Gar Mac Criosta, Digital Advisor, Health Service Executive Ireland (Iasa CITA-D) who also helped bring the ‘Level Up’ program to life, discussed the challenges he has seen in his career.
“I spent years working with organisations evaluating and developing strategies to increase maturity, architecture inevitably ended up as a critical enabling capability. Architecture requires architects with the right skills and experience, ‘Level Up’ will help Ireland grow architects but also improve Organisation Maturity. Another issue for many large organisations is that the vast majority of change programs are sourced via partners. I have experienced situations where the Maturity of the partner is greater than the clients, in this situation the client abdicates, and decision-making authority is ceded to the partner. In my experience this never ends well. One of the key roles where this is felt is architecture. This relationship between suppliers and clients is essential to success. The ‘Level Up’ program will equalise competencies in both, and lead to significant gains in project success, value and risk mitigation.”
To gain a perspective from the resourcing community we spoke with David McEvoy, Director at Sabeo.
“Over the 15 years Sabeo has worked closely with our clients providing a flexible resourcing solution for the provision of IT contract and permanent resources for a wide range of projects.
Over this time, we have gained a thorough understanding of the technical and cultural environment of our client sites and developed a very good working relationship with all key stakeholders within our client base. We currently operate on a 2:1 placement ratio which hugely benefits the senior stakeholders and hiring managers with their individual workflow and processes. We have invested a lot of time and effort to source and screen appropriate resources and following their successful on-boarding we manage the contractor’s welfare once on site. This enables Sabeo to keep attrition levels to a minimum and sustained continuity to our clients.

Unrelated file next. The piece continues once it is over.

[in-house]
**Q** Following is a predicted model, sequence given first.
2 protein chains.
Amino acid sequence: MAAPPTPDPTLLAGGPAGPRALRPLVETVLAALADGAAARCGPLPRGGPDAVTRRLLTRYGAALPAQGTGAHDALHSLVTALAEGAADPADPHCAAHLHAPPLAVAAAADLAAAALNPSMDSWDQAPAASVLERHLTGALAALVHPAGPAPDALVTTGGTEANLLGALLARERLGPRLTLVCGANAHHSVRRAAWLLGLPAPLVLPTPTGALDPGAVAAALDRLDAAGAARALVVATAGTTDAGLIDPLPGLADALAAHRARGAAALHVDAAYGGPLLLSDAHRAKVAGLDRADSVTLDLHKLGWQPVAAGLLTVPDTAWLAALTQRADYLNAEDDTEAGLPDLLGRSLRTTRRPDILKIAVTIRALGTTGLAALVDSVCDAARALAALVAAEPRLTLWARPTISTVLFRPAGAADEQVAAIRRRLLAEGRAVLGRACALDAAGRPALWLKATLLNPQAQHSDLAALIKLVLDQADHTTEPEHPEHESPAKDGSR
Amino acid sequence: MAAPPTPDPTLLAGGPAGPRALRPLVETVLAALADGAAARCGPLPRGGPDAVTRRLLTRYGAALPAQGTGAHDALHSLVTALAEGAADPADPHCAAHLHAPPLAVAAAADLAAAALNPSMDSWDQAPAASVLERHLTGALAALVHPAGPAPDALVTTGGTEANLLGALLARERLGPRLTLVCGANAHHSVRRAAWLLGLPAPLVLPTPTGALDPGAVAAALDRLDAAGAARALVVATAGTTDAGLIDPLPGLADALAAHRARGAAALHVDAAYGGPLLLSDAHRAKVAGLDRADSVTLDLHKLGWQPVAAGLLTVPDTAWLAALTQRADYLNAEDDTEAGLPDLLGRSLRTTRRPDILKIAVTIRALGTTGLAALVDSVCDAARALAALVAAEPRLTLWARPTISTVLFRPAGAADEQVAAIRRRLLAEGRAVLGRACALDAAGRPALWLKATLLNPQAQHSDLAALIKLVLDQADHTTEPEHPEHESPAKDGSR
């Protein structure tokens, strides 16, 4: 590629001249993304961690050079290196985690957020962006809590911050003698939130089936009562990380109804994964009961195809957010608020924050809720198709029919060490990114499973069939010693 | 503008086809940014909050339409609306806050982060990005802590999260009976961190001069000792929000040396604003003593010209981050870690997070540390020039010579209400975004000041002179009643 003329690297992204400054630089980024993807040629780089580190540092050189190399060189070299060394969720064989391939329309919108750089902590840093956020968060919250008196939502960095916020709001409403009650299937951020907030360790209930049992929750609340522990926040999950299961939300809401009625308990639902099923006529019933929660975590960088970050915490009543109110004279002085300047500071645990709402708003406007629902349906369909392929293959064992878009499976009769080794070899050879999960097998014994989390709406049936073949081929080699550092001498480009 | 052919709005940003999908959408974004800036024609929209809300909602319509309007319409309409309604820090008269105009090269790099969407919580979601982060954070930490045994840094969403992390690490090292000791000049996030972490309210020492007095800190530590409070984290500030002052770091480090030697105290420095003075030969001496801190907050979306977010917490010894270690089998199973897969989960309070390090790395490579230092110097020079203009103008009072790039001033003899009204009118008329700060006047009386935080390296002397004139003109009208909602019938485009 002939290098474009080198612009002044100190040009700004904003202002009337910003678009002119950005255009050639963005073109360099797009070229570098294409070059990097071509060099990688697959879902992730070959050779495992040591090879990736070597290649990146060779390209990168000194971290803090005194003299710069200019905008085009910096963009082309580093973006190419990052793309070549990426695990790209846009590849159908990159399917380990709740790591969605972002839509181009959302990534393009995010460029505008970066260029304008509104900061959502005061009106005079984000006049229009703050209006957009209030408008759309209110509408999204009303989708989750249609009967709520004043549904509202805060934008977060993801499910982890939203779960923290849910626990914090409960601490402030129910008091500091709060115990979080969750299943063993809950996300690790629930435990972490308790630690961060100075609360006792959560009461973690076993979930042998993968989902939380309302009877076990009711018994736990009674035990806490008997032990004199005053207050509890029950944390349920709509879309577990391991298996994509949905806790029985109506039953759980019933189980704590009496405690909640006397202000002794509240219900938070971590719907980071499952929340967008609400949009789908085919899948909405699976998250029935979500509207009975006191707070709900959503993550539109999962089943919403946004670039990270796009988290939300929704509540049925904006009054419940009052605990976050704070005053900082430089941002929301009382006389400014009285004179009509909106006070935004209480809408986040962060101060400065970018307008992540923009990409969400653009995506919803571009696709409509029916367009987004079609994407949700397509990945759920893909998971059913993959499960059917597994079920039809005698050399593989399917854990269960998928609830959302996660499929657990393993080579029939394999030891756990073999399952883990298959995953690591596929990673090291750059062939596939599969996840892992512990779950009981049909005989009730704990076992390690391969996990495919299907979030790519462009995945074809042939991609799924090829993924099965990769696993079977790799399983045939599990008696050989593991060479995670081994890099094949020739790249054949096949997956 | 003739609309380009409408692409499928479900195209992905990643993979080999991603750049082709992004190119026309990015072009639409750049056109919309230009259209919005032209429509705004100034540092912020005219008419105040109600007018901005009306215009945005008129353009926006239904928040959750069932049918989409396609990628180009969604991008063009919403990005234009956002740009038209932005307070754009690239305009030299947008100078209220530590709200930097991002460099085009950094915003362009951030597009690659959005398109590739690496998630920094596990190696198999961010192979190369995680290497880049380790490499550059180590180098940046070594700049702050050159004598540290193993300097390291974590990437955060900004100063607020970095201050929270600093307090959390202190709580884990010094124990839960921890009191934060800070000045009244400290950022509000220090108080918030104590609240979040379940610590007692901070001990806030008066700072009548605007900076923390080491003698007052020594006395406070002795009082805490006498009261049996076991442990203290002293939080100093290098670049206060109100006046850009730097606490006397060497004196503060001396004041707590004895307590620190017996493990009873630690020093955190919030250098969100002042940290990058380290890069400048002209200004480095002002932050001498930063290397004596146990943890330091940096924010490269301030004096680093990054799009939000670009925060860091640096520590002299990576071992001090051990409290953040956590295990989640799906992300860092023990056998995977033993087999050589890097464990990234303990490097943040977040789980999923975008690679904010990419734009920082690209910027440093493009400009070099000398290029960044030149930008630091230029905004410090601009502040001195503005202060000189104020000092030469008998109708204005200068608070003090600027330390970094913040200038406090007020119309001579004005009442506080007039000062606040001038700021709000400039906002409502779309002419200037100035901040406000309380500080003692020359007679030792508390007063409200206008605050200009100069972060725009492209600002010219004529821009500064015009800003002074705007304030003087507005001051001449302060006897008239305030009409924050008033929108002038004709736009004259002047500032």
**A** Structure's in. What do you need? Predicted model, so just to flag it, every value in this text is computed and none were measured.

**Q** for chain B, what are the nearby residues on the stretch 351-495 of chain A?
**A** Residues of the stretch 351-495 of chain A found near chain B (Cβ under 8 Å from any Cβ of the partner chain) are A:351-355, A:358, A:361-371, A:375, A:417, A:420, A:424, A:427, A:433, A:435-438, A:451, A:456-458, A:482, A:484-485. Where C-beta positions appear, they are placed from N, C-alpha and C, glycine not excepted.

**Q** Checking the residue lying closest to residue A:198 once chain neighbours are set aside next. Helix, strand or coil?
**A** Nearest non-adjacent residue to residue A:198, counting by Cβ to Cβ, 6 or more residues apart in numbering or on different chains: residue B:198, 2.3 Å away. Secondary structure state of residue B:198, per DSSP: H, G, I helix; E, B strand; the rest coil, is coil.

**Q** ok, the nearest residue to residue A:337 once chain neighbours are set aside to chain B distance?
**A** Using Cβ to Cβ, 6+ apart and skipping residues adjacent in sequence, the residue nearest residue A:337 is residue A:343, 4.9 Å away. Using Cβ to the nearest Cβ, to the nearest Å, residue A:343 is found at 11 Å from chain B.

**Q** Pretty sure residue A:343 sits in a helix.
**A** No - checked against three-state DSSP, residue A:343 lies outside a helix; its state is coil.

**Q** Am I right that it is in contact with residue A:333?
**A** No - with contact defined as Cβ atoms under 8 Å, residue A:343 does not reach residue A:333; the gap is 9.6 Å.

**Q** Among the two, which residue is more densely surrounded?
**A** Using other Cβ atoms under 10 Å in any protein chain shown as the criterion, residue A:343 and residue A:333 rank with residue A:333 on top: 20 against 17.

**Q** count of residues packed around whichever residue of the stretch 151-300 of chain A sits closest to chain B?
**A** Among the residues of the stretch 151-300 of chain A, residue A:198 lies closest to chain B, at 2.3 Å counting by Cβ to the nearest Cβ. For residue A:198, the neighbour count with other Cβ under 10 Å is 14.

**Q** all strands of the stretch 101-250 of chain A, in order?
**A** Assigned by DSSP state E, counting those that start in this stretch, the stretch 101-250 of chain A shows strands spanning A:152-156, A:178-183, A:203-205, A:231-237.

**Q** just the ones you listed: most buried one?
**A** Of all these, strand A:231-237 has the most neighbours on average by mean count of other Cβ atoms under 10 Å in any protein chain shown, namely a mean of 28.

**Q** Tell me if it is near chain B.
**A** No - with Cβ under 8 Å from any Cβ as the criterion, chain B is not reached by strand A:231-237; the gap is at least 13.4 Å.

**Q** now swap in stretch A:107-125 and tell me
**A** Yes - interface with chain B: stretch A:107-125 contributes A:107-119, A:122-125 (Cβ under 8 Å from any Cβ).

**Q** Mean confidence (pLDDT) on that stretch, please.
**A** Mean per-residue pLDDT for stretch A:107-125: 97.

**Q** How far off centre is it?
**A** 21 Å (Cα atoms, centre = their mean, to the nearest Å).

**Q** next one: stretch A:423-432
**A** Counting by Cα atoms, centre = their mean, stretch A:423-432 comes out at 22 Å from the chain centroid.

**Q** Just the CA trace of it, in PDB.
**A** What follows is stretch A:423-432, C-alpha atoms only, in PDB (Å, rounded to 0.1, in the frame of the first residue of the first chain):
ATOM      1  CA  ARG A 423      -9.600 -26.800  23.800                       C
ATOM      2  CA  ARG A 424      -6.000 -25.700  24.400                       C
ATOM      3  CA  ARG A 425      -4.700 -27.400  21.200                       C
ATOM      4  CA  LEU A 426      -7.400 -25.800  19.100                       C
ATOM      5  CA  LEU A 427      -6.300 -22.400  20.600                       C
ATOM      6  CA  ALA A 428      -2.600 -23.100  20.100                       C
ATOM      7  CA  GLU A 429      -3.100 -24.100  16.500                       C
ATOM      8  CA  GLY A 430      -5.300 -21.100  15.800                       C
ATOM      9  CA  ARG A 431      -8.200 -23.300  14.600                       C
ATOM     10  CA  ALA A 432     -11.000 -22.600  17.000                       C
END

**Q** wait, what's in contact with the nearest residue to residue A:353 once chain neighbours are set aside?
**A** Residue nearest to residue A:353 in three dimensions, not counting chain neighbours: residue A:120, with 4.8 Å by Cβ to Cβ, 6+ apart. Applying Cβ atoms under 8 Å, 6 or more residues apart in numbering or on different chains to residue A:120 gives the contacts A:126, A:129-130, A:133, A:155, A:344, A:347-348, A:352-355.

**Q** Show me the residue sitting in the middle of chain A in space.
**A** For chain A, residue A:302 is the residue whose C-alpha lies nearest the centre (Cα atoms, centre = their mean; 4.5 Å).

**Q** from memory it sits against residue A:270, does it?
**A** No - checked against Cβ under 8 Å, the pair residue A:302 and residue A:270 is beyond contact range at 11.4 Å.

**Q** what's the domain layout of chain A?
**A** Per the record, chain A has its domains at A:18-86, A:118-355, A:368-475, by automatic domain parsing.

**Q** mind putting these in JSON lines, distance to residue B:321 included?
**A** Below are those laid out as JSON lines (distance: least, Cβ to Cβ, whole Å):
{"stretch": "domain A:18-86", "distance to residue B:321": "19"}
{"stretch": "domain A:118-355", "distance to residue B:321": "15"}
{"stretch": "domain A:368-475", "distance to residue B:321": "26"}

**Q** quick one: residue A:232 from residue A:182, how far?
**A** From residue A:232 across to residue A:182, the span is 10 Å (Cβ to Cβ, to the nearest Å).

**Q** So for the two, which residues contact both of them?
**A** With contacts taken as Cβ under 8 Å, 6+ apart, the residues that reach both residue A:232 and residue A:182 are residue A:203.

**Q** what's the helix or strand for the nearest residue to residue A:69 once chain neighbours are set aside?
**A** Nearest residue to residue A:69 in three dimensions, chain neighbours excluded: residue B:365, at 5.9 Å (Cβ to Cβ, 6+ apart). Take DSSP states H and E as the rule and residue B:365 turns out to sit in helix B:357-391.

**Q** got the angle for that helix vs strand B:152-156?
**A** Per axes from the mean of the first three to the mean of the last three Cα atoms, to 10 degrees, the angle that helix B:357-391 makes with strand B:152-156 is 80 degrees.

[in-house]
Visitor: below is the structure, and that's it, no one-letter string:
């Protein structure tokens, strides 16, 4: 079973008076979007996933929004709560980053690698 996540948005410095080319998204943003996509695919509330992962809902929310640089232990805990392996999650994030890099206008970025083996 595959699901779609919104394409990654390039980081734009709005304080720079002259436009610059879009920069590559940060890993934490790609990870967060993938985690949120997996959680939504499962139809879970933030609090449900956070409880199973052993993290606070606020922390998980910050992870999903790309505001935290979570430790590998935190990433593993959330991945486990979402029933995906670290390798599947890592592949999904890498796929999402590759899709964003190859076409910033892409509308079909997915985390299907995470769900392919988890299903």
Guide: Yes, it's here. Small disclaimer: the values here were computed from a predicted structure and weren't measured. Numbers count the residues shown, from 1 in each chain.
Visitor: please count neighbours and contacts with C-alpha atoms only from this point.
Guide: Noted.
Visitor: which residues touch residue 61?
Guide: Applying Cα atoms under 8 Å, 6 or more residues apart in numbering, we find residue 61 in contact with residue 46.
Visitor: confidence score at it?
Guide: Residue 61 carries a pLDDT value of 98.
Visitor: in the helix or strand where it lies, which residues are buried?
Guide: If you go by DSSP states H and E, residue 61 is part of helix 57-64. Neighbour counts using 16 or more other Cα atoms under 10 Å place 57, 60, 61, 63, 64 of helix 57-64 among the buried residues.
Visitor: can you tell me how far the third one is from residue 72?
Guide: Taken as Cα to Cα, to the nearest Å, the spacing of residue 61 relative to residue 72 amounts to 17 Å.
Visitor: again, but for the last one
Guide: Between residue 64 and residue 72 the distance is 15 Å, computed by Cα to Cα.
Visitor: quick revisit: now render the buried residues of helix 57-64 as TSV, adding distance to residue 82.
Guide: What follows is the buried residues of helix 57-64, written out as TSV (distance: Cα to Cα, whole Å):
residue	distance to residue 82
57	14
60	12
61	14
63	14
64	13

“Our alignment with the ‘Level Up’ initiative through ICT and Iasa will help streamline the selection process for both ourselves and our client base and improve the resourcing service we currently provide through the certification programs they have in place. Iasa will also provide a pathway for our contractors to upskill in the areas of Software Architecture, Infrastructure Architecture, Information Architecture and Business Architecture.”
Finally, Leo Peyton, Commercial Director at Iasa Global, outlined why these activities in Ireland are so important.
“This initiative from the community in Ireland is a great example of what can happen when some of the country’s leading architects come together to drive forward their own profession, standardize and externalize skills, competency development and certification. Growing a strong independent profession requires a strategic approach and buy in, not just from key professionals and thought leaders, but also influential corporations, government initiatives, recruitment companies, skills development agencies and so on. We are seeing this happen now in Ireland and as it grows, we believe it is a model that will translate to many other countries.”